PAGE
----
The transitional provision, La. R.S. 9:2501 (1995), which was part of this implementing legislation, stated that the law in effect on December 31, 1995, the day before the provisions of Act 1180 were to become effective, would apply to cases in which the testament did not meet the requirements of (B)(1).   To determine the law in effect on December 31, 1995, we must determine whether the constitutional amendment is self-executing or whether it required the implementing legislation found in Act 1180 of 1995 to become effective before it could itself become effective.   If the constitutional amendment is self-executing, then children over age 23 were not considered forced heirs as of November 23, 1995, the effective date of the constitutional amendment.   If it is not self-executing, then the law recognizing all children as forced heirs, regardless of age, remained in effect until the provisions in Act 1180 became effective on January 1, 1996.

Defendants urge that the law in effect on December 31, 1995, was that forced heirship was abolished, except in a few instances not relevant to this case.   Their argument is based on the assumption that the provisions in the constitutional amendment to Article XII, Section 5, which became effective on November 23, 1995,8 were self-executing and that no supplementary or implementing legislation was needed to give it effect.   Therefore, the defendants argue that forced heirship was abolished for all children over age 23 on November 23, 1995, without the necessity of the implementing legislation found in Act 1180 of 1995.9  Conversely, the plaintiffs argue that La. R.S. 9:2501 (1995 and 1996) would be meaningless unless the law in effect on  December 31, 1995, is found to protect all children as forced heirs.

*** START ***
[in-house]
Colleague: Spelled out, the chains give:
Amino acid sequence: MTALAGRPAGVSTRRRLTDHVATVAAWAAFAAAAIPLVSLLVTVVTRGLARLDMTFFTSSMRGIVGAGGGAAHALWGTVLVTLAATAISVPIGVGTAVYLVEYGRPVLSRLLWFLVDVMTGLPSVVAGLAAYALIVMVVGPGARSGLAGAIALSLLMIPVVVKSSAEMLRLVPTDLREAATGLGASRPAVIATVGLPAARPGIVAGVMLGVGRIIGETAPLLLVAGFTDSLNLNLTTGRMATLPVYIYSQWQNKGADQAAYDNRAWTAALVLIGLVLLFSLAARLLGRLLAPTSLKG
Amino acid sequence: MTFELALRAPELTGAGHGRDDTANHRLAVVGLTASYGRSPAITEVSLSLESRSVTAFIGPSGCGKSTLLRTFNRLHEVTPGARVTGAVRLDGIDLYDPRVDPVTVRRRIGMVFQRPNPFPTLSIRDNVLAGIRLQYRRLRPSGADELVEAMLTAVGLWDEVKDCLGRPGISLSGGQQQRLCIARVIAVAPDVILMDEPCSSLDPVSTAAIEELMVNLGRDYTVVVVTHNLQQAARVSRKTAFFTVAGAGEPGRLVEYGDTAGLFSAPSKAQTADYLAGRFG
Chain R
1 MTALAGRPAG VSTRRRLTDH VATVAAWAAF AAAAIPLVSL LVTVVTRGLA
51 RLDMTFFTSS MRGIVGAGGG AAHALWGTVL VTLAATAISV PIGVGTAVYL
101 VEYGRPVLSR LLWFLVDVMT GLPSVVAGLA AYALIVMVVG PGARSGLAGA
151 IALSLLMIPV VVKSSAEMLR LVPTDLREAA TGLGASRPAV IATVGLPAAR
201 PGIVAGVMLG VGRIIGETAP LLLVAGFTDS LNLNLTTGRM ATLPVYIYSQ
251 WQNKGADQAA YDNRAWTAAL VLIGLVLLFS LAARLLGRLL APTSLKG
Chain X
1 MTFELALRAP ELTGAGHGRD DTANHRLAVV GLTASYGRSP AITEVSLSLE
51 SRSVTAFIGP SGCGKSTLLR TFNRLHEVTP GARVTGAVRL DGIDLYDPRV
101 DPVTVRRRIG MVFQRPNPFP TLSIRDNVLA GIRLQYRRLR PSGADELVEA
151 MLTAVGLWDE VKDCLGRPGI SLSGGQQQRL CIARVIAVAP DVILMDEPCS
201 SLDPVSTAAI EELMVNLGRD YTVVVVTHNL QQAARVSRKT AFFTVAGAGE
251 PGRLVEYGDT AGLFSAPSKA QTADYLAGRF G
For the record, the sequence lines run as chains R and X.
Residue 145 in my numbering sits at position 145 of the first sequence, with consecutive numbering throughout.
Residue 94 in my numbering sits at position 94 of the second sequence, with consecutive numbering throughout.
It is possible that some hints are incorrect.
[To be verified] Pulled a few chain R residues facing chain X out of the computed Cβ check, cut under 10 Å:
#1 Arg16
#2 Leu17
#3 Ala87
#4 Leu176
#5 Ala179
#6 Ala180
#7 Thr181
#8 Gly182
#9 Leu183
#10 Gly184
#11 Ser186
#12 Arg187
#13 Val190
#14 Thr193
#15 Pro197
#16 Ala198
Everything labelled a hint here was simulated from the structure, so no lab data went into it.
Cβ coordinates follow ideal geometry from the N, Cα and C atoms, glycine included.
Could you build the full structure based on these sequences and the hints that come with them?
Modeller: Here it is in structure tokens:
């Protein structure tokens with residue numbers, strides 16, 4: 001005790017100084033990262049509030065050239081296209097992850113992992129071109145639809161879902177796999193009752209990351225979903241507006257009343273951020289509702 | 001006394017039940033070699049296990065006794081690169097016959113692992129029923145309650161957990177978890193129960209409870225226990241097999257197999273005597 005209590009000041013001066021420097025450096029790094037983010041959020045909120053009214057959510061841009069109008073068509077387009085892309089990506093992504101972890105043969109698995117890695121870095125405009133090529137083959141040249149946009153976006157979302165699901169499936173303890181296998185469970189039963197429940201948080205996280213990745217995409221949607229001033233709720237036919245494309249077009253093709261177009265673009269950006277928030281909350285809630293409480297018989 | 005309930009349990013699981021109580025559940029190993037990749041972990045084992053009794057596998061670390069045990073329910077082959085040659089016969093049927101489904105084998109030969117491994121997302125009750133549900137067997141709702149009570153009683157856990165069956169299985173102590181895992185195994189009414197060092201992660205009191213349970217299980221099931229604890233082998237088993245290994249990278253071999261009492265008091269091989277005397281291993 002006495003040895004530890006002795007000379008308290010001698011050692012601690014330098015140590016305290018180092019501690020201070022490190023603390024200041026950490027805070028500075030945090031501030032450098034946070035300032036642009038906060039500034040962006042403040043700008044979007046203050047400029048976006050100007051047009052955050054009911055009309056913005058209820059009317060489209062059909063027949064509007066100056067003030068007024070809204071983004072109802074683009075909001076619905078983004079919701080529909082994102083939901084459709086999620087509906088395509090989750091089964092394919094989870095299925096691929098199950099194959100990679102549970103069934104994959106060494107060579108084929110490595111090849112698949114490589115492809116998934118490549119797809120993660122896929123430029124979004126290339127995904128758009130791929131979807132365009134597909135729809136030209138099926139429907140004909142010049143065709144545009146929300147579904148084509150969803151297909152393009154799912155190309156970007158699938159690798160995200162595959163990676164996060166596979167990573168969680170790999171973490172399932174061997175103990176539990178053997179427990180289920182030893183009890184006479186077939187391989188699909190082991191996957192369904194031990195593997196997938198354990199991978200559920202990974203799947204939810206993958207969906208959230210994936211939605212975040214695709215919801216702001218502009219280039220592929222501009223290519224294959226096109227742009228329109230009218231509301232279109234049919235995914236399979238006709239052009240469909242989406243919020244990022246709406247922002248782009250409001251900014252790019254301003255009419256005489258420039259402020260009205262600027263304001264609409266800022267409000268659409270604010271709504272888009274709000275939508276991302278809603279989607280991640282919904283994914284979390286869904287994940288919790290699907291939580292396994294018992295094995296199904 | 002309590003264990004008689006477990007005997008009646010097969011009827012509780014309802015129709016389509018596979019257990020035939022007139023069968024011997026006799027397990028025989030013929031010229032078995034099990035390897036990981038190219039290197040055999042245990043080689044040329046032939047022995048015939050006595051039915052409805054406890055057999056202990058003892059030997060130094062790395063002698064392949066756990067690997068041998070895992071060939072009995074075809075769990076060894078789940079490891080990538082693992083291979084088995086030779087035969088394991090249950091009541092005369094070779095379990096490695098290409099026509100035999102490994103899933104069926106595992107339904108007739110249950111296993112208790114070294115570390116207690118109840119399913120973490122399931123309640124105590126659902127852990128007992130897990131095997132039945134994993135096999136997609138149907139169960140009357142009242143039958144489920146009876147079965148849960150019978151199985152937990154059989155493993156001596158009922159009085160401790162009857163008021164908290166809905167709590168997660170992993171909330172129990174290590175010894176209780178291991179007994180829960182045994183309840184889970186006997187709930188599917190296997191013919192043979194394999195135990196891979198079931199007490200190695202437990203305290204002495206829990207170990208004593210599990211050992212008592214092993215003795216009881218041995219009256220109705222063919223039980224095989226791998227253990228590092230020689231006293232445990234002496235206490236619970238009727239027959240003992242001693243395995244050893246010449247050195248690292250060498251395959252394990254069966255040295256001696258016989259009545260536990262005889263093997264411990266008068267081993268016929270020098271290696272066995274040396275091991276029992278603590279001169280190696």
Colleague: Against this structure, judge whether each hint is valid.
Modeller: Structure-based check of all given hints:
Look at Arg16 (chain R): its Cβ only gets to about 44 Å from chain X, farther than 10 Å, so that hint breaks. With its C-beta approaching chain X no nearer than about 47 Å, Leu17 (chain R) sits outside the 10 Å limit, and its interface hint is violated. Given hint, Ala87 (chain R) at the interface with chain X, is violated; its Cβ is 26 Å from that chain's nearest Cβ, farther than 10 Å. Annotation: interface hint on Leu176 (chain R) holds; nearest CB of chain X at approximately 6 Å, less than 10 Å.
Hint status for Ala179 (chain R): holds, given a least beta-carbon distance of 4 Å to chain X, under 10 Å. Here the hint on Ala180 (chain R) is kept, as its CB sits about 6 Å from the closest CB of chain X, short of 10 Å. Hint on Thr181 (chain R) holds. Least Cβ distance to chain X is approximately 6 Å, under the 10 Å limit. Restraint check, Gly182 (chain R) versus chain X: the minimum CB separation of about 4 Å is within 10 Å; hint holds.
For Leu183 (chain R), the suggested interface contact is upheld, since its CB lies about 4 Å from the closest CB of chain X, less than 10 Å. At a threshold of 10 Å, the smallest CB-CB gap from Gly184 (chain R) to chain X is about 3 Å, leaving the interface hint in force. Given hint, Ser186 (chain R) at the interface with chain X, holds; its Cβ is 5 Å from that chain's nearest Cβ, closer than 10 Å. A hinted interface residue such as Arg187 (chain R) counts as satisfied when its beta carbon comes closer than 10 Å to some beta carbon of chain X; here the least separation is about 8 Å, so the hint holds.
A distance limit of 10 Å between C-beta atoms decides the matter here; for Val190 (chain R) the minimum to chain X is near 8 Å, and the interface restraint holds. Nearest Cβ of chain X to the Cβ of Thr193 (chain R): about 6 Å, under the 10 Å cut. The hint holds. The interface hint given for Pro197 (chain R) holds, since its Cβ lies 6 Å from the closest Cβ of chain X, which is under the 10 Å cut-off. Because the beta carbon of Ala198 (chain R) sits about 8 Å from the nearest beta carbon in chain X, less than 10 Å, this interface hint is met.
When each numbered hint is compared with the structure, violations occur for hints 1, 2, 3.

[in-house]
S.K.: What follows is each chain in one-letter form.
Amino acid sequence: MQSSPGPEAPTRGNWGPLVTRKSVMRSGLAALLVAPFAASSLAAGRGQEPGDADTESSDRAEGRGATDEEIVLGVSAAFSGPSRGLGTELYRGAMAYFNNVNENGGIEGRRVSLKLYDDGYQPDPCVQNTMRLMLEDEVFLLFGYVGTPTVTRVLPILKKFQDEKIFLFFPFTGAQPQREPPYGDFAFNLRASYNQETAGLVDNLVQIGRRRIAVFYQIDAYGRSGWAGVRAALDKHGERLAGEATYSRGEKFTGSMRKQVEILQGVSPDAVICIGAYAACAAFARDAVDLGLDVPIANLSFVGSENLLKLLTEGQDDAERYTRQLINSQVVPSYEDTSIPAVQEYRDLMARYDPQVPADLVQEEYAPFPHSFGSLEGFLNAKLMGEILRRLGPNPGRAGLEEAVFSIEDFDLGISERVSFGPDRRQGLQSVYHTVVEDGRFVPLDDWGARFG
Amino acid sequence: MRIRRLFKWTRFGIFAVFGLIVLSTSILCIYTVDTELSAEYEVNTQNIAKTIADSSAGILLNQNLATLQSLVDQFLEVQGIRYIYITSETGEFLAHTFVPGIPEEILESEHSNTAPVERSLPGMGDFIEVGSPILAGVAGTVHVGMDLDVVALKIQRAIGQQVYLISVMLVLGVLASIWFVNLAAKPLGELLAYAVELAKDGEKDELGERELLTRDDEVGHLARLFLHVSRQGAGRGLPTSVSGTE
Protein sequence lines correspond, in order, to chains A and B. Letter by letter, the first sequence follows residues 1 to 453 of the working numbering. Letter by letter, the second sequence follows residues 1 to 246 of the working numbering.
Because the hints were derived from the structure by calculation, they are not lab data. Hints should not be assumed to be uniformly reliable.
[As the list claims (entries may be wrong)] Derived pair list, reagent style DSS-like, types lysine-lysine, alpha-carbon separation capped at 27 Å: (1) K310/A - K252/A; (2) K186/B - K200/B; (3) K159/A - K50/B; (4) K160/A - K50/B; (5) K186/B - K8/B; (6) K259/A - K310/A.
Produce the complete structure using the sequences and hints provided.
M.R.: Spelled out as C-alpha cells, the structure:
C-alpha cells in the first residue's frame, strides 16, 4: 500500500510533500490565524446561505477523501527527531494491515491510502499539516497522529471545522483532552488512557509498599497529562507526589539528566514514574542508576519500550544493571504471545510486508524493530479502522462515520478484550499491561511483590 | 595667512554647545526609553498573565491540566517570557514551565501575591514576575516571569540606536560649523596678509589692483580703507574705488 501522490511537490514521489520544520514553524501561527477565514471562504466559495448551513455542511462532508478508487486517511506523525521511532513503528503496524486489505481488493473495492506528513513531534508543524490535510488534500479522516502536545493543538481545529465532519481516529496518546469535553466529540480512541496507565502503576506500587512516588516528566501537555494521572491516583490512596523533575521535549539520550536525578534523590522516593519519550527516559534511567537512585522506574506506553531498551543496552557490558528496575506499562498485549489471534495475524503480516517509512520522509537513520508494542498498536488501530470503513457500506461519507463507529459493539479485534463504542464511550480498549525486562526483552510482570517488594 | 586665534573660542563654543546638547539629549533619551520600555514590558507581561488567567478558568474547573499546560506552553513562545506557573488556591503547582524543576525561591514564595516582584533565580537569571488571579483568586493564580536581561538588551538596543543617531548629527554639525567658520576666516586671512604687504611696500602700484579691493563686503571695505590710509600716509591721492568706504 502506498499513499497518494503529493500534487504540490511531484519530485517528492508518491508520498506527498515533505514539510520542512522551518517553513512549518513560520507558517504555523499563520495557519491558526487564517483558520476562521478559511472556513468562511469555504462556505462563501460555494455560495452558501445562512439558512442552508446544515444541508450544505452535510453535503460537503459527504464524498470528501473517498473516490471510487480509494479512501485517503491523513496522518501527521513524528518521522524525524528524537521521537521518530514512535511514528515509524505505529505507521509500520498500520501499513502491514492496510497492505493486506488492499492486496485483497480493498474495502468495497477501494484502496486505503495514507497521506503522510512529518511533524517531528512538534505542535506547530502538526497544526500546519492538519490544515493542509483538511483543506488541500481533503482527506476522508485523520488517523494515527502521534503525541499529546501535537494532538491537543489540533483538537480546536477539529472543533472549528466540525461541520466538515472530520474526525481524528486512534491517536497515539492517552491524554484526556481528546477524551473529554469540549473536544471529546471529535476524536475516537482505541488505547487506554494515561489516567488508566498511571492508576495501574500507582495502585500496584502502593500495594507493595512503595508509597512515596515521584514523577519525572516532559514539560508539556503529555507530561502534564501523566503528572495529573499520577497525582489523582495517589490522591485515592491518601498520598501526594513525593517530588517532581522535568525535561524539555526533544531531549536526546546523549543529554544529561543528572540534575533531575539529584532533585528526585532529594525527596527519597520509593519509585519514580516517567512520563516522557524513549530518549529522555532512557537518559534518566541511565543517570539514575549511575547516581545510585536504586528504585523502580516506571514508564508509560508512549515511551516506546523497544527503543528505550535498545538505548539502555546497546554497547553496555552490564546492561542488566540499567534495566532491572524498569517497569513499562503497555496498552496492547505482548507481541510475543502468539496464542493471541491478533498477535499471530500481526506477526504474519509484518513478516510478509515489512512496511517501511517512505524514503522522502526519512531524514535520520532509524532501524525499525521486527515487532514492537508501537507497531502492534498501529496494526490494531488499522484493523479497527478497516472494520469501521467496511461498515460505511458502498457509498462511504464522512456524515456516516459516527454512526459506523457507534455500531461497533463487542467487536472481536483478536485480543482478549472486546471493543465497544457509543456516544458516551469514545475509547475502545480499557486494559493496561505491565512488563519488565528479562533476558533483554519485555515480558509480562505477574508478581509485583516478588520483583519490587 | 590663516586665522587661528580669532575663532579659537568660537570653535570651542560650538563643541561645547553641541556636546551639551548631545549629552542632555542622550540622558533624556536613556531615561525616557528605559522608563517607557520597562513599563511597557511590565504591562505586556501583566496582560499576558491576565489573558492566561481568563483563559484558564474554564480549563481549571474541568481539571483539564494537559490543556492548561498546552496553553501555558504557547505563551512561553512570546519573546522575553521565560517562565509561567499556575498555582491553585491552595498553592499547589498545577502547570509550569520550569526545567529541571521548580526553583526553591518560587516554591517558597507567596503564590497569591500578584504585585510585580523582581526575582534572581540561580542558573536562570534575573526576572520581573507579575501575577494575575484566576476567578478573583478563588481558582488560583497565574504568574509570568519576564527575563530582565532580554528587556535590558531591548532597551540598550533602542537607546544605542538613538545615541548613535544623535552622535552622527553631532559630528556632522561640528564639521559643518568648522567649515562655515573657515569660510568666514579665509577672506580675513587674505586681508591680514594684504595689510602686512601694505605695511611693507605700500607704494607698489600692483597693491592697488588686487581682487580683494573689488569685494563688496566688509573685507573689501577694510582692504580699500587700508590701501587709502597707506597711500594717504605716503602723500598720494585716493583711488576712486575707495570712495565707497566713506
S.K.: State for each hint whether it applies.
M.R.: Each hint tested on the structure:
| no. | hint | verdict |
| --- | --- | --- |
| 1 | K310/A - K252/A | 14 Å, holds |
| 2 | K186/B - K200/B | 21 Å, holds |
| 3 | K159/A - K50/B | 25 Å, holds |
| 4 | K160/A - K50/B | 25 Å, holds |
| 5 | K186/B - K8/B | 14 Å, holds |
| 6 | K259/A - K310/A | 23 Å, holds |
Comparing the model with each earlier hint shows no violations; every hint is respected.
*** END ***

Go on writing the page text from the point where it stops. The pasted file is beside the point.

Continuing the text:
In order to determine whether the law in effect on December 31, 1995, recognized children over the age of 23 as forced heirs, we must resolve whether Article XII, Section 5, as amended, is a self-executing provision.   Substantively, paragraph (A) of Article XII, Section 5, provides that the legislature shall provide by law for uniform procedures of successions and for the rights of heirs or legatees and for testate and intestate successions.   The second sentence of paragraph (A) also provides that “except as provided in Paragraph B of this section, forced heirship is abolished in this state.”   Importantly, Paragraph B mandates that the legislature classify certain descendants of the first degree as forced heirs, specify the amount of the forced portion reserved to heirs, and provide the grounds for disinherison.   The amendment also granted the legislature the power to decide whether to classify as forced heirs descendants of any age who are incapable of taking care of their persons or administering their estates and to authorize trusts, into which the forced portion may be placed.